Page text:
Sustainability Reads: July 14- July 20

The 10 Most Inspirational Sustainability Initiatives in the U.S
Compiled by Recyclebank, this list of sustainable initiatives in the US provides examples of programs and communities that are taking “steps, big and small, to change America’s environmental path.” From organic food co-ops, landfill rehabilitations to alternative transport programs, these cool initiatives are making progress to reduce the country’s environmental footprint.

Switzerland threatens 40 % carbon tax rise if targets not met
On Monday Switzerland threatened to raise its tax on greenhouse gas output from the energy sector to 84 francs ($94.25) per tonne of carbon dioxide (CO2) (from 60 francs) if companies do not meet government-imposed emissions reduction targets this year. This means that the power sector in Switzerland will have to slash its CO2 emissions by an additional 2.7 percent below 1990 levels this year for the tax not to increase in 2016. By Michael Szabo at Reuters.

Global outrage as Australia cans carbon tax
This week Australia’s senate voted to repeal the country’s climate tax, without providing any other policy that could replace it. Australia’s prime minister Tony Abbott had committed to getting rid of the tax yet over the last few months. President Obama and Senior EU leaders “privately warned the Australian government not to scrap its flagship green programme.” Australia is now the first country to reverse national policy on climate change and is unlikely to meet its 5-25% by 2020 commitment. By Ed King at RTCC.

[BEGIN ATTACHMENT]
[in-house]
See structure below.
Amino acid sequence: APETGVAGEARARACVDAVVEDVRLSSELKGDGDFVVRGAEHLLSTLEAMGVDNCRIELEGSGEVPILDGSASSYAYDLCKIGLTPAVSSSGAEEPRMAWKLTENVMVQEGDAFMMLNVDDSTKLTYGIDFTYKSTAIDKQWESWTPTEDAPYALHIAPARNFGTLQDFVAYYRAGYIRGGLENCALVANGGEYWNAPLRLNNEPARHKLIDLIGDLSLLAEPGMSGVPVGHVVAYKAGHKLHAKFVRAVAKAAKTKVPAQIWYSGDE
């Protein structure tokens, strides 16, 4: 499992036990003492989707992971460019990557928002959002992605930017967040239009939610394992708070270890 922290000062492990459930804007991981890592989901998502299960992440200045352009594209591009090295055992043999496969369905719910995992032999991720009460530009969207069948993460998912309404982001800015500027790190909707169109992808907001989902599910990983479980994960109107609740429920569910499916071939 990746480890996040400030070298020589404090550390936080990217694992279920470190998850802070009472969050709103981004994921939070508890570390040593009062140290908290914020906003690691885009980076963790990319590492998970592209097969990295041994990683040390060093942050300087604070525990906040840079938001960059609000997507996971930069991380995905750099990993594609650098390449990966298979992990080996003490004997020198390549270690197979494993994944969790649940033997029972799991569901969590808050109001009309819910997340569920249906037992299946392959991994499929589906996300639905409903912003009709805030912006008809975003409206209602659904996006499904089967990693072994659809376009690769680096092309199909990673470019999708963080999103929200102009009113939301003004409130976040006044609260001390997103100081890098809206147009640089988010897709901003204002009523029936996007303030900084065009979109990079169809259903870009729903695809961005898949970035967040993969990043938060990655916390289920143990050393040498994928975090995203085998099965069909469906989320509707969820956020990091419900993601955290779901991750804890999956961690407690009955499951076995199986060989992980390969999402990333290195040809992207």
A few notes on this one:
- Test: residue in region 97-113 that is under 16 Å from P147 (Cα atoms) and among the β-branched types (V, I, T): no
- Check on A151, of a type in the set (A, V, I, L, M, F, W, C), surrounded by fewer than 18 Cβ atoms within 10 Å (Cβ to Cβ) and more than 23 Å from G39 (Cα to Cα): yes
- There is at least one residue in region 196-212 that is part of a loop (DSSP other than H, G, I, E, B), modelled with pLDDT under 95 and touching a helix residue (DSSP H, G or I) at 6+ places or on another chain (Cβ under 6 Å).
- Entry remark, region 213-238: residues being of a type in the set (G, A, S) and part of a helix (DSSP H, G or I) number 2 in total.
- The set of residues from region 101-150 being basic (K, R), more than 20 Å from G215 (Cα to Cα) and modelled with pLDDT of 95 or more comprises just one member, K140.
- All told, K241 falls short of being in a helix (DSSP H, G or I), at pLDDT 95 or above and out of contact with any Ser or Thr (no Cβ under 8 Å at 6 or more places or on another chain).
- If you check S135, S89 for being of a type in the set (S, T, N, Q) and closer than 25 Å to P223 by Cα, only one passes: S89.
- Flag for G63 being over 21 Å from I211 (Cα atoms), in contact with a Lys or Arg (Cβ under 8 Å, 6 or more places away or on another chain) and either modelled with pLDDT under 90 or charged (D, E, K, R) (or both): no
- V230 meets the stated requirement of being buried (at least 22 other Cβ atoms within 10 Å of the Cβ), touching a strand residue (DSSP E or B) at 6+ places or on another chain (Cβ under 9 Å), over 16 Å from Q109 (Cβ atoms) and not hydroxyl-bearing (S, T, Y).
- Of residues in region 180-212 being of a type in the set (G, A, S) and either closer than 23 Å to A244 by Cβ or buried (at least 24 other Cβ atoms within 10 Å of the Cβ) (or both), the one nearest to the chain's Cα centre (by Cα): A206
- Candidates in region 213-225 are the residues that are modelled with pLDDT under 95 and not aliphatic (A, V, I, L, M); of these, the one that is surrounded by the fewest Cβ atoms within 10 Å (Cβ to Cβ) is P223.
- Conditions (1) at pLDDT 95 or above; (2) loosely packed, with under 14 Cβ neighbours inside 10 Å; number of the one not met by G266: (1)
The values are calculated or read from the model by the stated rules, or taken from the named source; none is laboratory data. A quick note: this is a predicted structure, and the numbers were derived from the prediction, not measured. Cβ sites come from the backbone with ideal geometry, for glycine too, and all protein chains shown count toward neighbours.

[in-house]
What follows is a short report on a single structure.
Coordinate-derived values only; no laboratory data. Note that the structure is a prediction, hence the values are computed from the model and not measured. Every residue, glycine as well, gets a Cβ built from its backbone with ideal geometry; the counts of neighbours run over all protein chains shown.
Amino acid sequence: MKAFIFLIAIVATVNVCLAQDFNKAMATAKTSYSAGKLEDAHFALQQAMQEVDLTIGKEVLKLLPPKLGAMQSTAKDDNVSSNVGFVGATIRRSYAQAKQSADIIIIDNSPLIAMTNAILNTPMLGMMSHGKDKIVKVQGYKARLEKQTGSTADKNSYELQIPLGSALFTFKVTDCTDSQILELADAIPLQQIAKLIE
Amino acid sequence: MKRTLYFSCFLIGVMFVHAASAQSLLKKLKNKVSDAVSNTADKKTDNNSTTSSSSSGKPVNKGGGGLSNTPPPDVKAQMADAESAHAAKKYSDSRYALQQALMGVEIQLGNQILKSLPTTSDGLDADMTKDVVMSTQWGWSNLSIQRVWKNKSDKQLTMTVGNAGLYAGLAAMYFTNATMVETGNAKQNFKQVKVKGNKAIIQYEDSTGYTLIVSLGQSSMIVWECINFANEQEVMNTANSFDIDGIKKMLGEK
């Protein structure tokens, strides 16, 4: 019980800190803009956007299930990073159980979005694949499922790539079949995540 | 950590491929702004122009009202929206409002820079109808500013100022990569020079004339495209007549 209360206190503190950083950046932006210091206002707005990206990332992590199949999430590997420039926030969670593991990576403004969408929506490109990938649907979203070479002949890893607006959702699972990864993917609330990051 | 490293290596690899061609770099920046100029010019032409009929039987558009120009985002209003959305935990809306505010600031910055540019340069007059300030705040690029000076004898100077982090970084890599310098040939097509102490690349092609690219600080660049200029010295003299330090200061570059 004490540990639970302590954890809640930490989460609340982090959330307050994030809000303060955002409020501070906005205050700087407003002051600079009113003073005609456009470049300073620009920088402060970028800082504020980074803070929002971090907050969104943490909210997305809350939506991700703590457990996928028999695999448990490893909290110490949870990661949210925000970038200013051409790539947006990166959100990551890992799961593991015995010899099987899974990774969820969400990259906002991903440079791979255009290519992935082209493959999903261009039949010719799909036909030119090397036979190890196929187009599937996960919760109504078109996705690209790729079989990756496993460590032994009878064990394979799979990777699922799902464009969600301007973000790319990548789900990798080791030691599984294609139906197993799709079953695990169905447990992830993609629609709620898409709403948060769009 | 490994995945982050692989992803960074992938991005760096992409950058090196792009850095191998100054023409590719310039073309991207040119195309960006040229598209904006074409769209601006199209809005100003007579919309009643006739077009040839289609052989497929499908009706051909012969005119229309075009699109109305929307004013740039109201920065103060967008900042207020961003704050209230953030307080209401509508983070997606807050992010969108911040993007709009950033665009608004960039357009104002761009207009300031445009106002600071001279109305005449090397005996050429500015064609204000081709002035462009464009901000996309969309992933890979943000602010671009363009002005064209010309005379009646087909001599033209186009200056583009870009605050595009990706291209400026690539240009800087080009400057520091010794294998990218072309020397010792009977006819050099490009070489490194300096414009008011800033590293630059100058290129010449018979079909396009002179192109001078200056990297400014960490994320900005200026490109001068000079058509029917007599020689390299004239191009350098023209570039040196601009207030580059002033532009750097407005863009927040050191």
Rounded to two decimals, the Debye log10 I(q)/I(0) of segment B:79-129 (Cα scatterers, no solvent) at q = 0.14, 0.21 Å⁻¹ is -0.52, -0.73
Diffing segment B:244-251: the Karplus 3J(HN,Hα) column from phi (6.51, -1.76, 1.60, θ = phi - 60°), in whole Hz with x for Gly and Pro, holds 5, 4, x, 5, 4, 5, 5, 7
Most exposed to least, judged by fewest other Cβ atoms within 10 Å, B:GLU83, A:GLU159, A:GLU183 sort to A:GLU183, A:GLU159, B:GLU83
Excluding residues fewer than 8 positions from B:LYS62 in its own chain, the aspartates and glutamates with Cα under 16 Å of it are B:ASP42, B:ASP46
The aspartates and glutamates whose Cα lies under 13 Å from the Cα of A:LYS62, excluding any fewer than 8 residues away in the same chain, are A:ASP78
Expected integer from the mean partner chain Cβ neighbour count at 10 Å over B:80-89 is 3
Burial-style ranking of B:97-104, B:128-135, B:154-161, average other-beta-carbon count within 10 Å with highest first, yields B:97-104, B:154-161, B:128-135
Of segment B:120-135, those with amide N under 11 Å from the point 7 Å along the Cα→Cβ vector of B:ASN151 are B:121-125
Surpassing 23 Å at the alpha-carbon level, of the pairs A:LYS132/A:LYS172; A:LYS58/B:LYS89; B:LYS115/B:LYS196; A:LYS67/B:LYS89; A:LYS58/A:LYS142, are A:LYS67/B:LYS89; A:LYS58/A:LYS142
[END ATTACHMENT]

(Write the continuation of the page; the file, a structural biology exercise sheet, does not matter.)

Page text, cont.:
Thanks to the fracking boom, we’re wasting more money than ever on fossil fuel subsidies
Although Obama’s climate plan illustrates U.S. finally moving forward on climate, efforts being counteracted by 45% increase in fossil fuel subsidies since 2009 (although not really his fault). Article explains that due to tax breaks in place for decades, subsidies specifically for fracking have skyrocketed. Additionally, this is difficult to change since fossil fuel companies have a strong presence in Washington (spent $329 million on campaign contributions and lobbying in 2012). Although legislation for campaign reform is in the works, there are many obstacles to making it through the House and Senate. Author highlights that President can use Cabinet agencies to regulate fracking to minimize negative environmental effects. ‘The EPA, for example, should be regulating methane emissions from natural gas drilling. And he can reject proposals for the Keystone XL pipeline and the exportation of crude oil and natural gas. It would hardly be enough, but it would be a start.’ By Ben Adler on

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